Or at least so claims an American academic:
Harry Potter's days may be numbered.
J.K. Rowling, author of the popular fantasy series about the boy wizard and his battle with the evil Lord Voldemort, announced Thursday that the final book in the series, "Harry Potter and the Deathly Hallows," will be released on July 21.
And Rowling has a more ominous warning: two main characters will die before the series ends.
But James Krasner, a professor of British literature at the University of New Hampshire, believes Harry will ultimately live to tell another tale.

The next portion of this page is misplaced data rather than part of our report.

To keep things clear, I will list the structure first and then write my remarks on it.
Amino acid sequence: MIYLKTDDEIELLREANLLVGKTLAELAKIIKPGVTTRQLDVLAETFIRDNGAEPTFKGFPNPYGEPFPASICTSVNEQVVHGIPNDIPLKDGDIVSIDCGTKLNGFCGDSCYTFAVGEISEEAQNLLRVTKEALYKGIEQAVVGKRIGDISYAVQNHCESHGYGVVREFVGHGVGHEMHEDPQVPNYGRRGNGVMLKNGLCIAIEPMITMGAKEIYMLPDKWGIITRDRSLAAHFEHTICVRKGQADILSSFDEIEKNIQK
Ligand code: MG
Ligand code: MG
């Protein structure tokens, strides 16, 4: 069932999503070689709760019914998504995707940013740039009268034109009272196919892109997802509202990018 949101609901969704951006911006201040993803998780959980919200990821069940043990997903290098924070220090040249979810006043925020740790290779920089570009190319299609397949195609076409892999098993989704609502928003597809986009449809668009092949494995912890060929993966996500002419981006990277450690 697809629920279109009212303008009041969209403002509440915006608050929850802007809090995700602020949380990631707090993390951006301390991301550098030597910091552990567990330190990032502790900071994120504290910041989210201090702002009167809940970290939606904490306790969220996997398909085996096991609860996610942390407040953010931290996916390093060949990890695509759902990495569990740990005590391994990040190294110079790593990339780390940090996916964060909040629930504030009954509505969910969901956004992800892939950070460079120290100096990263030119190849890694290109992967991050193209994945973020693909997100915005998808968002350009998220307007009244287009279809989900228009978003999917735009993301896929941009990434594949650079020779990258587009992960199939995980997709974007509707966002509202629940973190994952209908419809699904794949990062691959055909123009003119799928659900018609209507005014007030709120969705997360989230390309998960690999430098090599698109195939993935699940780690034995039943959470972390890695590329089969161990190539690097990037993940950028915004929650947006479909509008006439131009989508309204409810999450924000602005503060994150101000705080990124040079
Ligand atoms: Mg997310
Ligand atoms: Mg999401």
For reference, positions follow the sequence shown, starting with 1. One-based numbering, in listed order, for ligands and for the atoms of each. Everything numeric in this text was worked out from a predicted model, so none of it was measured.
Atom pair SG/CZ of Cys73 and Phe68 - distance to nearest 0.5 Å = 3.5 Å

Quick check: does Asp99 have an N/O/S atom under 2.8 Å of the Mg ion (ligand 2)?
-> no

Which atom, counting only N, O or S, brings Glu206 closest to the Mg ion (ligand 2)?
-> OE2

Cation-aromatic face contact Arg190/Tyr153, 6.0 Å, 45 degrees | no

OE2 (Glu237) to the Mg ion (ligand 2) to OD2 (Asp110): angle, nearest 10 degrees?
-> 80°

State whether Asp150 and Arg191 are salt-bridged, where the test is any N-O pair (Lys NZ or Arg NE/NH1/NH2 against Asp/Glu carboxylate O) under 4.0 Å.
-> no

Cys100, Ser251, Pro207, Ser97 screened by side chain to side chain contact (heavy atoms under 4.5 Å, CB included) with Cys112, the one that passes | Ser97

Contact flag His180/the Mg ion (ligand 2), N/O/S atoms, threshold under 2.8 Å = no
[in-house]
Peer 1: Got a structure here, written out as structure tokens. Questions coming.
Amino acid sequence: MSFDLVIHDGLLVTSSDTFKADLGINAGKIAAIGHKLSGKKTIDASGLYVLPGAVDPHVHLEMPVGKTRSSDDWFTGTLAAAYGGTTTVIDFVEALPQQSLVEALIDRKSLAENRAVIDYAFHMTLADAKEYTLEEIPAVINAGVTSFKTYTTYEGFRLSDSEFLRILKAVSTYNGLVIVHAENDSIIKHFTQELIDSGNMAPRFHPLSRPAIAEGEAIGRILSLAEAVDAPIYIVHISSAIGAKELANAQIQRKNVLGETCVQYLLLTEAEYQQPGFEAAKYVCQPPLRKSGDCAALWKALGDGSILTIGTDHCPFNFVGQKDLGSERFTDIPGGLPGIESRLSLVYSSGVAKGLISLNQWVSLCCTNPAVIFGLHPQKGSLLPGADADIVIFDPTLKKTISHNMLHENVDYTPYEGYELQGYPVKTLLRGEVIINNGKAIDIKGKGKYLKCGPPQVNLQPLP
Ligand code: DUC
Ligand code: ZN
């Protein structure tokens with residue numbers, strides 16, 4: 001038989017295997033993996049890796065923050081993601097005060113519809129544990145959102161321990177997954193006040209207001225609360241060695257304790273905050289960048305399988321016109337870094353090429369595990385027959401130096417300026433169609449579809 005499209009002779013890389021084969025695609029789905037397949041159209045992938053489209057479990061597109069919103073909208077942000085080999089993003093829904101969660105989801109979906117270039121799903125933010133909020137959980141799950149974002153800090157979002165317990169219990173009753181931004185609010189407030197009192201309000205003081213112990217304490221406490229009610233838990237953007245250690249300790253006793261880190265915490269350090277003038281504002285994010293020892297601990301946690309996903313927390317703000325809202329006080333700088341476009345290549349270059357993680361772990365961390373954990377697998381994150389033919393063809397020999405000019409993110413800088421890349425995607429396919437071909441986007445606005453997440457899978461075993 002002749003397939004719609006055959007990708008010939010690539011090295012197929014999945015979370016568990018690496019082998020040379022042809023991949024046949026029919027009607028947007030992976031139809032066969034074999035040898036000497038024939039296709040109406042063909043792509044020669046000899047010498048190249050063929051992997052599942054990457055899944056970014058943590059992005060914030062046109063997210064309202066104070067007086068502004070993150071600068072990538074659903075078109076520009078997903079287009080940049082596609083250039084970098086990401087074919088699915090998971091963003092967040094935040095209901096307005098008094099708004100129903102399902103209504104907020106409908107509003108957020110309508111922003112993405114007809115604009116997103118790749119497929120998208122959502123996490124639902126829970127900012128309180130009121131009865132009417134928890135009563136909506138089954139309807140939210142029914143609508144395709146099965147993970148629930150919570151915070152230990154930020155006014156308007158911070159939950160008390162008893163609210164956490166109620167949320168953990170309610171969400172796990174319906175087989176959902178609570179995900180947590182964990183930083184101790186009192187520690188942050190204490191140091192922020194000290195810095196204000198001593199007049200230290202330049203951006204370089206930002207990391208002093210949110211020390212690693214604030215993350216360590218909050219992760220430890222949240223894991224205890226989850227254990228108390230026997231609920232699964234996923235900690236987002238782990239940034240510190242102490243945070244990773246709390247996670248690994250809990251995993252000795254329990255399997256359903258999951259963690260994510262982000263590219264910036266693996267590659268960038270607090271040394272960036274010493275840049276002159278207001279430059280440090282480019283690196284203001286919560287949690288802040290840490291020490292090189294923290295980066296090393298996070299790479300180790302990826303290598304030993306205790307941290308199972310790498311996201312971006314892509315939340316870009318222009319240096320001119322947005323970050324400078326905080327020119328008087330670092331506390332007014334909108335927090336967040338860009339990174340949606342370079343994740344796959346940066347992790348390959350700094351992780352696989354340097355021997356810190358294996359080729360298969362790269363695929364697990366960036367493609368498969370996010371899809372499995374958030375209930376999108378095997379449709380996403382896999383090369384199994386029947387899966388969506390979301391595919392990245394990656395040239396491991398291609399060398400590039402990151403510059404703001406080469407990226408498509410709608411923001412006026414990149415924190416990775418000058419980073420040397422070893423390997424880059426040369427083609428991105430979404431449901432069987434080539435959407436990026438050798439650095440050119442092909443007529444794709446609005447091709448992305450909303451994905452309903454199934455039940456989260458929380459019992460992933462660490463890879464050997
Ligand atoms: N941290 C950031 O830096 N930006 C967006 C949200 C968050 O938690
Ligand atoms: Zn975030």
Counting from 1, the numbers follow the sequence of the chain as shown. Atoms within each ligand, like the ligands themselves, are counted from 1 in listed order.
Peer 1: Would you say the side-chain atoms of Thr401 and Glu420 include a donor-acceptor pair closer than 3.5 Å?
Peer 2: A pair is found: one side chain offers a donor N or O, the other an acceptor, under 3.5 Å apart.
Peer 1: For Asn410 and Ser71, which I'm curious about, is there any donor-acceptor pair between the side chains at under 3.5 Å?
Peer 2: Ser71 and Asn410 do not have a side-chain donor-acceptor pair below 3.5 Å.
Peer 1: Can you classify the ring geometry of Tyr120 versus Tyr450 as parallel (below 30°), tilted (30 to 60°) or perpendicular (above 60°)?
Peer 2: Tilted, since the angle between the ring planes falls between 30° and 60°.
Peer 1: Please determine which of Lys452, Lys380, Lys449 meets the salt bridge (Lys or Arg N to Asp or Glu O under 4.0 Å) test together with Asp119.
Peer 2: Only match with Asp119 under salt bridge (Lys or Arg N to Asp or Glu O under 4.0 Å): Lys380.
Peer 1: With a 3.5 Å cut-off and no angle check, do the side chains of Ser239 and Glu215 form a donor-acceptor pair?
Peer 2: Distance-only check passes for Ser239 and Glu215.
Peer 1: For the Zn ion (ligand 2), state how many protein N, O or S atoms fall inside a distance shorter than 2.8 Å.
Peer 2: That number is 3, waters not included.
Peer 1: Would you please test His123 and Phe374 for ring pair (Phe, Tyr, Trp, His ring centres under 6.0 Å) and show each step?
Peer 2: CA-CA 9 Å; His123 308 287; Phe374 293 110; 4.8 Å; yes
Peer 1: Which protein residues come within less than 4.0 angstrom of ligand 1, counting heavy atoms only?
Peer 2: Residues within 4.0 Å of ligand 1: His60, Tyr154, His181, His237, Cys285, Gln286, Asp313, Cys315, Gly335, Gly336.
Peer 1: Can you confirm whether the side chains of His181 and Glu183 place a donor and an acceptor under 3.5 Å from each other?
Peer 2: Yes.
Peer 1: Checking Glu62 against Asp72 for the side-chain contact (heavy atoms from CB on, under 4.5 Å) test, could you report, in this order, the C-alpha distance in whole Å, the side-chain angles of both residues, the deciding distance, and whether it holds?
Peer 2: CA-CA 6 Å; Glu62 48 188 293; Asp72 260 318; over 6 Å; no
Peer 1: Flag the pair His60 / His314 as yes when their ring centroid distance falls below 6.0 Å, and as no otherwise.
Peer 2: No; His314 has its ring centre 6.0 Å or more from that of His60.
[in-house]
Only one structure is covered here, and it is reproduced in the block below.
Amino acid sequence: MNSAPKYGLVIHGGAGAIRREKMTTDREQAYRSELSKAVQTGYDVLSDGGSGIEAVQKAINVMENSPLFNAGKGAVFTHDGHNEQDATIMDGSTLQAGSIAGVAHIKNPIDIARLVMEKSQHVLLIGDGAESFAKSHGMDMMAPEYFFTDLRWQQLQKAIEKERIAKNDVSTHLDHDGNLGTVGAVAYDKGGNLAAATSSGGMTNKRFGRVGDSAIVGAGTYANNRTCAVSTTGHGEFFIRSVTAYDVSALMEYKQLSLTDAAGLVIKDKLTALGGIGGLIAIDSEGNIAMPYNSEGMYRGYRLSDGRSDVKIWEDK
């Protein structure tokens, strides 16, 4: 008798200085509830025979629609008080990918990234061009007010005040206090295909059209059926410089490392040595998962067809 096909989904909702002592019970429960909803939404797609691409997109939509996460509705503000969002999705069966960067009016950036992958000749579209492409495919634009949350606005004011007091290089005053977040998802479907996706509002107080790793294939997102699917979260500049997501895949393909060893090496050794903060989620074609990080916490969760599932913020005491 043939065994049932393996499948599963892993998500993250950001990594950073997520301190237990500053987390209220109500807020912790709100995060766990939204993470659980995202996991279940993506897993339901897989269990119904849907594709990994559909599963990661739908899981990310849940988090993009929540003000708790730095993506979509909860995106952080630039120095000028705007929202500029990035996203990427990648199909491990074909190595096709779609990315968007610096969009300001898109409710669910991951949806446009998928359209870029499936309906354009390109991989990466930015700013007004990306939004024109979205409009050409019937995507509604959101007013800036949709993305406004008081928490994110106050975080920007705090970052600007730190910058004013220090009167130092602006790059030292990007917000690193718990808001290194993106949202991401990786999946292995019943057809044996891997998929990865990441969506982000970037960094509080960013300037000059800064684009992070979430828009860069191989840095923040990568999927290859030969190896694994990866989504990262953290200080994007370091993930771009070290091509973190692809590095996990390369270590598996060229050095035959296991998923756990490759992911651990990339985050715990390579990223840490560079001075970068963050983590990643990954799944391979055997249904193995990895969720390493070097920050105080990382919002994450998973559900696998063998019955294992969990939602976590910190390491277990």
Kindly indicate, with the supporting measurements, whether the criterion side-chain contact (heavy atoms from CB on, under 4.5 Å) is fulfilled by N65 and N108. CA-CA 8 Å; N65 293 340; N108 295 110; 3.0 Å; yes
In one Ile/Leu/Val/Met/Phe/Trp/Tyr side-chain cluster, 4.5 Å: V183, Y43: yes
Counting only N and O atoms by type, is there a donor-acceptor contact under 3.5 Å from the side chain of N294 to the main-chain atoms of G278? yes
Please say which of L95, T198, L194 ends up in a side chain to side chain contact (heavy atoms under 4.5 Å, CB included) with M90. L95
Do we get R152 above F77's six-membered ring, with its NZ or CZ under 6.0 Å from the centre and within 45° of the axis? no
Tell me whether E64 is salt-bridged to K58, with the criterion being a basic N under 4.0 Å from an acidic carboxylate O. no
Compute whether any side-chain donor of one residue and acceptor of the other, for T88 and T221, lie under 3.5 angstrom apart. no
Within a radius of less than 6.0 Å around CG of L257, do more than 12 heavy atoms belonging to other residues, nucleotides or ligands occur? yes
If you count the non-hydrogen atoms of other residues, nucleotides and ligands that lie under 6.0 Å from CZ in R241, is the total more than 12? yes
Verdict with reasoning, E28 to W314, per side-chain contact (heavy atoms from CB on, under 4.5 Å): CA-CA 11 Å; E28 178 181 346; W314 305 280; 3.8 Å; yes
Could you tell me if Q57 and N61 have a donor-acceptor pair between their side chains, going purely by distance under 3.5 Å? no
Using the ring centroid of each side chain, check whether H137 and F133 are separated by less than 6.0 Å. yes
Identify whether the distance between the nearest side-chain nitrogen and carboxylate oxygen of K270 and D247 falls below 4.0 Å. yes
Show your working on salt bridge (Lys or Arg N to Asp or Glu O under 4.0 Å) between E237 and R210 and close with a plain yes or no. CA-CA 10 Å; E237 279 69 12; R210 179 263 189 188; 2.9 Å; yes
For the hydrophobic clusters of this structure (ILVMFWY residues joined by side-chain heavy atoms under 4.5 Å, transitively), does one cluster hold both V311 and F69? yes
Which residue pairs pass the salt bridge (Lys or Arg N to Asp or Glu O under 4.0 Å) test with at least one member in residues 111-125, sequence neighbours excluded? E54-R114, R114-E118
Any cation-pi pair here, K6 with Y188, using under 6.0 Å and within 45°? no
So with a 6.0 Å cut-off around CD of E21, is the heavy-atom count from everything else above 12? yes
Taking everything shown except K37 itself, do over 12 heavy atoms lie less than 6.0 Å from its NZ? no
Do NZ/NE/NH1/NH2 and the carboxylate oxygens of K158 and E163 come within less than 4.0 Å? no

Because "good has to win."
"Certain art forms are meant to fulfill expectations, to give gratification," Krasner said. "If you read a romance novel and the lovers don't get together in the end, you're not interested."
Krasner said Rowling's threat to kill off at least two main characters in the final book is a way of "taking control" of her creations. It's not uncommon for authors whose characters have become wildly popular to engage in a tug-of-war with readers over who the characters belong to, he said.
That stories are supposed to work in a particular way would seem to me to be a fairly weak piece of evidence to use.